«This book and the student voices it represents is a direct and startling challenge to the neo-liberal agenda for school reform. In arguments for and critiques of recent educational change the views and concerns of the ‘end-users’ have been almost entirely absent. Here we find young people who know what they want and what they don’t want from education and their views need and deserve to be heard. This is an original and heart-felt contribution to the analysis of contemporary education policy.» (Stephen Ball, Karl Mannheim Professor of Sociology of Education, Institute of Education, University of London)
«Far too frequently education policy attempts to provide ‘solutions’ to complex social, economic and cultural issues. One of the immediate consequences of top-down and uni-dimensional policy is that real problems are not identified, articulated or addressed. Worryingly too, teachers, students and community are positioned as policy problems and their voices and agency are overlooked. And it is precisely these voices that the authors seek out and engage with in order to produce a socially critical and deeply refreshing view of schools and schooling. This is not a book about policy solutions; it is about speaking back to the current orthodoxies of education policy and arguing for space for ‘doing policy differently’.» (Tanya Fitzgerald, Professor of Education, LaTrobe University)
«In these tough times, Smyth, Down and McInerney show both the necessity and possibility for redesigning schools in which students are encouraged to examine the important questions of our time. Through the methodology of critical policy ethnography, they reveal the lives of teachers and students in schools and argue for something we should know but too frequently forget, that successful schools are, in the end, about relationships: between students, between students and teachers and between young people and the wider world they live in. A must read.» (David Hursh, Associate Professor, Warner Graduate School of Education & Human Development, University of Rochester)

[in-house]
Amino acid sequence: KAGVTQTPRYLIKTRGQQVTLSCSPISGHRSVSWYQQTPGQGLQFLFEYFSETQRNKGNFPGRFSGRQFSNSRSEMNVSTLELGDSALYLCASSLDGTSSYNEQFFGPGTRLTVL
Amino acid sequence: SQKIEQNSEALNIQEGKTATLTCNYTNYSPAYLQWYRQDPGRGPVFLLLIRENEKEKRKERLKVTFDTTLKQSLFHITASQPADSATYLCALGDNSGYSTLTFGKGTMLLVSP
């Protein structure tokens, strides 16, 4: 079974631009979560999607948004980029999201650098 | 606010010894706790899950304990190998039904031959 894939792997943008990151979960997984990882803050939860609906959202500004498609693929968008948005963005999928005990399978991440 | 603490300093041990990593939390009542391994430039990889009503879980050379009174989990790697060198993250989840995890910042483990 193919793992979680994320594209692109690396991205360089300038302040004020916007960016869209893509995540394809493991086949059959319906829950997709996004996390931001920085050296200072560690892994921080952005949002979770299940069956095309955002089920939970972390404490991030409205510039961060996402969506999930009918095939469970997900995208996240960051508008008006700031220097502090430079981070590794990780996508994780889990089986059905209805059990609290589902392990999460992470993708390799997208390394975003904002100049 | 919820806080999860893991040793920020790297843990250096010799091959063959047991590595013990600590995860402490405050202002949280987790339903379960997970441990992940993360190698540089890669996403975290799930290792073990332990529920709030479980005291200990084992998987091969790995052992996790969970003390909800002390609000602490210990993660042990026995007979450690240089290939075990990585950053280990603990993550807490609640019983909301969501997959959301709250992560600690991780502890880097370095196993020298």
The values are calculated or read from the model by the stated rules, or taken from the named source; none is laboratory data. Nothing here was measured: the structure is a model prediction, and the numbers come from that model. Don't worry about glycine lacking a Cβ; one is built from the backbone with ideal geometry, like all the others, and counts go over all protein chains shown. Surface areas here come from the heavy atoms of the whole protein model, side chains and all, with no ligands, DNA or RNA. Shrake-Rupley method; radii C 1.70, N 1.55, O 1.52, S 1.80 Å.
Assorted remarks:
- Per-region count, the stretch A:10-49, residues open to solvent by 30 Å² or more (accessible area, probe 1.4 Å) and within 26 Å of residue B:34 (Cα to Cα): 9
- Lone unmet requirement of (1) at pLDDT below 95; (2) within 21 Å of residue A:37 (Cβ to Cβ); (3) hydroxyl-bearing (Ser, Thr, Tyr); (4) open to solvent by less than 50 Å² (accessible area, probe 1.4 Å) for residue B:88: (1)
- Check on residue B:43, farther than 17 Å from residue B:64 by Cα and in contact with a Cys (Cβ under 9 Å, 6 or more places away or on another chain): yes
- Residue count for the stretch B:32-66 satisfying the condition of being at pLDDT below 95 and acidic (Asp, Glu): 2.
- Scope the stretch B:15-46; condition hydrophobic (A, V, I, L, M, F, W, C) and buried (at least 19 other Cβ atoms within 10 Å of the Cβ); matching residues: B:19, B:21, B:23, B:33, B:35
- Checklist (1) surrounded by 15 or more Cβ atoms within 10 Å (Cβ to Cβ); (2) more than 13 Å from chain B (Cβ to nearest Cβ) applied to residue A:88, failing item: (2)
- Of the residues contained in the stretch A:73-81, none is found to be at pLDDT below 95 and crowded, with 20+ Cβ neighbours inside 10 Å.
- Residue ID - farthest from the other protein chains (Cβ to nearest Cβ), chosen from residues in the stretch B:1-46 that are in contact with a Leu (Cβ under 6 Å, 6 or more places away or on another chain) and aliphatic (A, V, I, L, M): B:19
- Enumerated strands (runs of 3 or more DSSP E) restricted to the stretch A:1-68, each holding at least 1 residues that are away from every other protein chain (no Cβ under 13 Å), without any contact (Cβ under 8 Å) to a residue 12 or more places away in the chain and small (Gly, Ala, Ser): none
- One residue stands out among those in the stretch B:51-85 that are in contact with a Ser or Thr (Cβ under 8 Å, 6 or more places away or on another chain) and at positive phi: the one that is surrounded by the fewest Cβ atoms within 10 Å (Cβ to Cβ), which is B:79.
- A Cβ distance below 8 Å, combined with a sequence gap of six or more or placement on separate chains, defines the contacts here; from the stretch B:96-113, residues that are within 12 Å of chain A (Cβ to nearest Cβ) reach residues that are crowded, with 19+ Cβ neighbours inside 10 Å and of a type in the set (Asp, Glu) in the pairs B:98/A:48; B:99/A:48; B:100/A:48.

«This is an important and timely book. In confronting the contradictions and pretences of neo-liberal approaches to education it names what is important, ignored and largely misunderstood – poverty, social class and identity. It offers realistic, successful responses that are applicable across the board to all schools and social contexts – the centrality of relationships, respect and partnership in learning, teaching and daily living between teachers, youngpeople and their communities. It exposes the bankruptcy of much contemporary education policy and argues passionately and convincingly for radical alternatives.» (Michael Fielding, Professor of Education, Institute of Education, University of London)
«A wonderful new book of global significance. These Australian authors show how schools can work with students and parents to overcome alienation and disaffection. The emphasis on curriculum change and community engagement is a refreshing change from hollow demands for ‘leadership’ or more testing. The gap between schools and youth cultures is growing, and today’s kids need teachers who can work with them on thorny issues of cultural identity. Schools have to become ‘pockets of hope’ in ‘tough times’, where young people can develop a critical understanding of the forces shaping their lives and how to resist them.» (Terry Wrigley, Senior Lecturer in Education, University of Edinburgh)
Adolescent Cultures, School and Society. Vol. 49
General Editors: Joseph L. DeVitis and Linda Irwin-DeVitis